On the seventh day, they got up at daybreak and marched around the city seven times in the same manner, except that on that day they circled the city seven times. The seventh time around, when the priests sounded the trumpet blast, Joshua commanded the army, “Shout! For the Lord has given you the city! The city and all that is in it are to be devoted to the Lord. Only Rahab the prostitute and all who are with her in her house shall be spared, because she hid the spies we sent. But keep away from the devoted things, so that you will not bring about your own destruction by taking any of them. Otherwise you will make the camp of Israel liable to destruction and bring trouble on it. All the silver and gold and the articles of bronze and iron are sacred to the Lord and must go into his treasury.”
When the trumpets sounded, the army shouted, and at the sound of the trumpet, when the men gave a loud shout, the wall collapsed; so everyone charged straight in, and they took the city. They devoted the city to the Lord and destroyed with the sword every living thing in it—men and women, young and old, cattle, sheep and donkeys.
So, we’re happy that the walls fell without them firing a shot, but then God calls them to kill every living thing? What’s the deal with that?
First of all, I don’t think God is EVER going to tell you to commit genocide, and I do not think that God delights in the death of these people. But there is still a principle that we can learn from this.
Total destruction like this was not a common practice in ancient warfare.
Ordinarily, you kill the soldiers, but you the women and the children, the livestock and the money all get divided up by the victors. Generals have found that men fight better if they get to take a concubine home as part of their pay.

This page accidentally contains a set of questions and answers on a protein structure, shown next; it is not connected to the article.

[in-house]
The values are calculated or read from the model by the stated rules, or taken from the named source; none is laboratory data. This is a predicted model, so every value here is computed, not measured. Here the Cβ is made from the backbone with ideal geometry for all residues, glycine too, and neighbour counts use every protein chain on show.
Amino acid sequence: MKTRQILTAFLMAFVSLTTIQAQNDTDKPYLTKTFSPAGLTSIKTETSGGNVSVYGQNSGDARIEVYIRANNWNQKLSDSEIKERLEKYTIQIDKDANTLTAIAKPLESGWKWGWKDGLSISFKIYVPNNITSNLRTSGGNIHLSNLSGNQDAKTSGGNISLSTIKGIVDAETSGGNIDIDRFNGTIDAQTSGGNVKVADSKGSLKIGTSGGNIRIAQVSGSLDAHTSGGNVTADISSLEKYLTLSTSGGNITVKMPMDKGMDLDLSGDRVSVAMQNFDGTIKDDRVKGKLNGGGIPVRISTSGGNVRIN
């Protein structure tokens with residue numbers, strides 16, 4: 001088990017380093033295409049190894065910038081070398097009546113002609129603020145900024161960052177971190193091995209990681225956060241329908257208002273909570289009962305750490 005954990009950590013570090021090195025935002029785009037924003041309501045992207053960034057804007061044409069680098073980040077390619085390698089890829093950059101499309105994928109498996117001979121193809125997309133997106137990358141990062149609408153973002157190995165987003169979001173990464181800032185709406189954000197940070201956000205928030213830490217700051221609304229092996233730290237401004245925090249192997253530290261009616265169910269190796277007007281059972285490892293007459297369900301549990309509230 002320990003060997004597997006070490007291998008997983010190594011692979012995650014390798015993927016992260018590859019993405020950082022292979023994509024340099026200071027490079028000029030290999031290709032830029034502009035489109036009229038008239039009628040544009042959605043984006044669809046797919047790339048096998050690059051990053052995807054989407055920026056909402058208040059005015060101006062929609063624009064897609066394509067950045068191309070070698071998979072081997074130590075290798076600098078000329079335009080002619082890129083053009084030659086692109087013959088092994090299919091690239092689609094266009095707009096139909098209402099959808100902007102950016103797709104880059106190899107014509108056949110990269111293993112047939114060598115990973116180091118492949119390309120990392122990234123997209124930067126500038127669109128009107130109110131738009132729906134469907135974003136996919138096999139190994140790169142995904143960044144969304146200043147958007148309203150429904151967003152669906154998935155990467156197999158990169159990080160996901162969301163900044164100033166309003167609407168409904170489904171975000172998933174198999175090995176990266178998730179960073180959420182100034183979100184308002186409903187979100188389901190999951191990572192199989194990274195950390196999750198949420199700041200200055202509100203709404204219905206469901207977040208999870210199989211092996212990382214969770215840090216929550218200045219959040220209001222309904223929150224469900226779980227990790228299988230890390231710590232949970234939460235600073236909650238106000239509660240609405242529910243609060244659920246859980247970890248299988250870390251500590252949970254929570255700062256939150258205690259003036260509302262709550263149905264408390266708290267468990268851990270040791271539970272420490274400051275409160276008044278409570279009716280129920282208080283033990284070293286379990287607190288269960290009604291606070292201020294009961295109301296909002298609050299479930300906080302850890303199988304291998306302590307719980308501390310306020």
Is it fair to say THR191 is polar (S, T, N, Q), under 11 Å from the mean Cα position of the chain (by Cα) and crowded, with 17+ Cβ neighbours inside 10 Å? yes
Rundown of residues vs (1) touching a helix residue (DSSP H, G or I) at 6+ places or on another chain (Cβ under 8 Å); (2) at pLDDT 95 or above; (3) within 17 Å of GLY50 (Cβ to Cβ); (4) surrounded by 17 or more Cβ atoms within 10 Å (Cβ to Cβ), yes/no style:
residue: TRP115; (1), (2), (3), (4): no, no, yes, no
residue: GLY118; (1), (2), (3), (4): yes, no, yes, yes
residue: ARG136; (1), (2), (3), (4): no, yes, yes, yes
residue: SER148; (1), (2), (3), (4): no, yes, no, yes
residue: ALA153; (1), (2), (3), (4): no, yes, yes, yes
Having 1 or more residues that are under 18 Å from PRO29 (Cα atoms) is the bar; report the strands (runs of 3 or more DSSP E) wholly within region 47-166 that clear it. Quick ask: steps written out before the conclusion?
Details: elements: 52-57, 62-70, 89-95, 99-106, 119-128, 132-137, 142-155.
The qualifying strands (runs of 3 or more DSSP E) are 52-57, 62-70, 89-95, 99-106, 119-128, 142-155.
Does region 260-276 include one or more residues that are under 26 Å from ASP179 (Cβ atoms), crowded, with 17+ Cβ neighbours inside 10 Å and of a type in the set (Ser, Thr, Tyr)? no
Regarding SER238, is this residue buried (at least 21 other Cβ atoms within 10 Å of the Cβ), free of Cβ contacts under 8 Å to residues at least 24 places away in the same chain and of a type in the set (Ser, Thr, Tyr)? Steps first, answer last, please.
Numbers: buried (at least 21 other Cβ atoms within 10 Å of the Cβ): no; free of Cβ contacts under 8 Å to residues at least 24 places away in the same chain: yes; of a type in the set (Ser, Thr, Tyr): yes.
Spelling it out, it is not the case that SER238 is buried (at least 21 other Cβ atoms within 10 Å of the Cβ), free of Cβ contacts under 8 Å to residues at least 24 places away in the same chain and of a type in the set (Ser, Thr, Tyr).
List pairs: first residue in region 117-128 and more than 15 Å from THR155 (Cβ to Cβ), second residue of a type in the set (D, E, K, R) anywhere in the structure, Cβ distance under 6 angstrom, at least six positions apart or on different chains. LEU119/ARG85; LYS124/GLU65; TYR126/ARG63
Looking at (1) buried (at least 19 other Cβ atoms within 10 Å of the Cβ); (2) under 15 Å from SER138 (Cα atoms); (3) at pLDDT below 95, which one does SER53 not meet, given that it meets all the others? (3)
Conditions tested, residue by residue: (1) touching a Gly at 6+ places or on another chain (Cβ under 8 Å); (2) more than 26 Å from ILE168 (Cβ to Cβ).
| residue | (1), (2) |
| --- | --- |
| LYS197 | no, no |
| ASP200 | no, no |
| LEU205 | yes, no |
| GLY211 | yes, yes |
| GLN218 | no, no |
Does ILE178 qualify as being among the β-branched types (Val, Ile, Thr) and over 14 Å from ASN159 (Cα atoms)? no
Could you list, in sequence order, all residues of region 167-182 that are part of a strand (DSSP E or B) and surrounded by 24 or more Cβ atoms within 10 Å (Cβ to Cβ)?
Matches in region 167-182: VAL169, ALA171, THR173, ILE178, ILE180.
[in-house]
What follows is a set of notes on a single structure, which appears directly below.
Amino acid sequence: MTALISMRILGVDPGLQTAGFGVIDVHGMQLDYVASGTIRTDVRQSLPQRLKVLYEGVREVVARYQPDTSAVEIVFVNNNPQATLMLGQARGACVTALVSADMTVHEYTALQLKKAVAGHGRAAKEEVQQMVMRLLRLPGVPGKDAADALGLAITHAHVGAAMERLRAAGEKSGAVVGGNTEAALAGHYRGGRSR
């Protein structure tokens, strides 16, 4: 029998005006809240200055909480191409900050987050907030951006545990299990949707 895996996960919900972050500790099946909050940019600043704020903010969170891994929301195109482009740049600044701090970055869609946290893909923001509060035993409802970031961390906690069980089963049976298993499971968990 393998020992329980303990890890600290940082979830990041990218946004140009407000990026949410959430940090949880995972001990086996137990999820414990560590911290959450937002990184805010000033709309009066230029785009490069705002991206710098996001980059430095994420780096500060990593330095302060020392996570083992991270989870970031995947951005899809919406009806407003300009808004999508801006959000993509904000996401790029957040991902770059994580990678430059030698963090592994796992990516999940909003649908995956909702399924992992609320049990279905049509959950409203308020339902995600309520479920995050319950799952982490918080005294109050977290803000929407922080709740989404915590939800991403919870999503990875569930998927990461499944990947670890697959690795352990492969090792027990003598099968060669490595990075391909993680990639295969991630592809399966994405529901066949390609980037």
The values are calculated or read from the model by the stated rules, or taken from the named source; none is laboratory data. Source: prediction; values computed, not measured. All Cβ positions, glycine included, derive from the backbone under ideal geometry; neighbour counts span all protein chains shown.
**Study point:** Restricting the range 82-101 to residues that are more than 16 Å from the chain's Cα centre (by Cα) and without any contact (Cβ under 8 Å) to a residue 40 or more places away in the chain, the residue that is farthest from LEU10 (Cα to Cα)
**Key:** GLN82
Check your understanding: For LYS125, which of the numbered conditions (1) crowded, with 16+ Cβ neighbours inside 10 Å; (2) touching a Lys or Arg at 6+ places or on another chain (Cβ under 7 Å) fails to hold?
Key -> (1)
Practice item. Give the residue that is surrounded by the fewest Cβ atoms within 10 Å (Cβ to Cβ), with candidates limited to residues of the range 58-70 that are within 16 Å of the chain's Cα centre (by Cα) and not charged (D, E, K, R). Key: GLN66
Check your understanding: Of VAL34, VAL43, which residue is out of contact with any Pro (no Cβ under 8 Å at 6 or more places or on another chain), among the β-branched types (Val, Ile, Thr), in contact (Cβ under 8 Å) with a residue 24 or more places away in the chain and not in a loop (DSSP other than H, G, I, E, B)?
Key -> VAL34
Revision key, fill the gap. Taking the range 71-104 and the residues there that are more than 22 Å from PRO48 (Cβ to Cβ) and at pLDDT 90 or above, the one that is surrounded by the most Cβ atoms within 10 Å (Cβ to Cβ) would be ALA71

But that wasn’t an option, according to God’s command here.
Again, this was a very different time. We imagine that if these soldiers disobeyed the command to destroy everything it was because they had mercy. What we see is that when soldiers DID disobey this command, it was because of greed, not mercy.
So what does this teach us about fighting for freedom.
If you fight for freedom, make sure you are fighting for freedom and just freedom. It’s so easy to get selfish. It’s so easy to let a righteous fight for freedom become a power grab. God wants you to be free, but before you fight ask yourself: would you still fight if you got freedom and only freedom and not anything else?
Sometimes, we have to fight to get free, to stay free, or for other’s freedom.
I don’t have to do it all that much, thank God, but occasionally, Lafayette Church needs a “Papa Bear.” If I think a person here is hurting others, I will confront them. I have had to raise my voice before, I’ve had to call the police before, and thank God, We’ve never had to do more than that. But I need to check myself if I start defining the problem as a person instead of that person’s behavior.
While it’s sometimes necessary to fight for freedom, we need to be careful not to become fighters. This is the most dangerous way to make freedom, because fighting to make freedom can very easily become fighting to take freedom.
We’re not done. We’ve only discussed how to fight for freedom, Next up? Starting on Monday–Fleeing to Freedom.
But for now, it might be helpful for you to identify the bondage that you see, both the bondage that you might be stuck in, and what you might be called to free others from.
Is it sickness? Addiction? Poverty? Is there a sin in your life that you just can’t beat? (or maybe that you don’t even want to beat?)
“The Spirit of the Lord is on me,
because he has anointed me
to proclaim good news to the poor.
He has sent me to proclaim freedom for the prisoners
and recovery of sight for the blind,
to set the oppressed free,
to proclaim the year of the Lord’s favor.”
Identify the thing that Jesus is calling you to be free from. If you are called to fight that thing, wait a week or two, just to be sure, and then fight according to the methods I outlined above.
And if you are called to fight, know you will be fighting against one already defeated. The battle belongs to the Lord. You won’t need chariots or swords or wisdom or power or guns or armor or anything else, because the Lord of the angelic host will fight for you. And he has already won.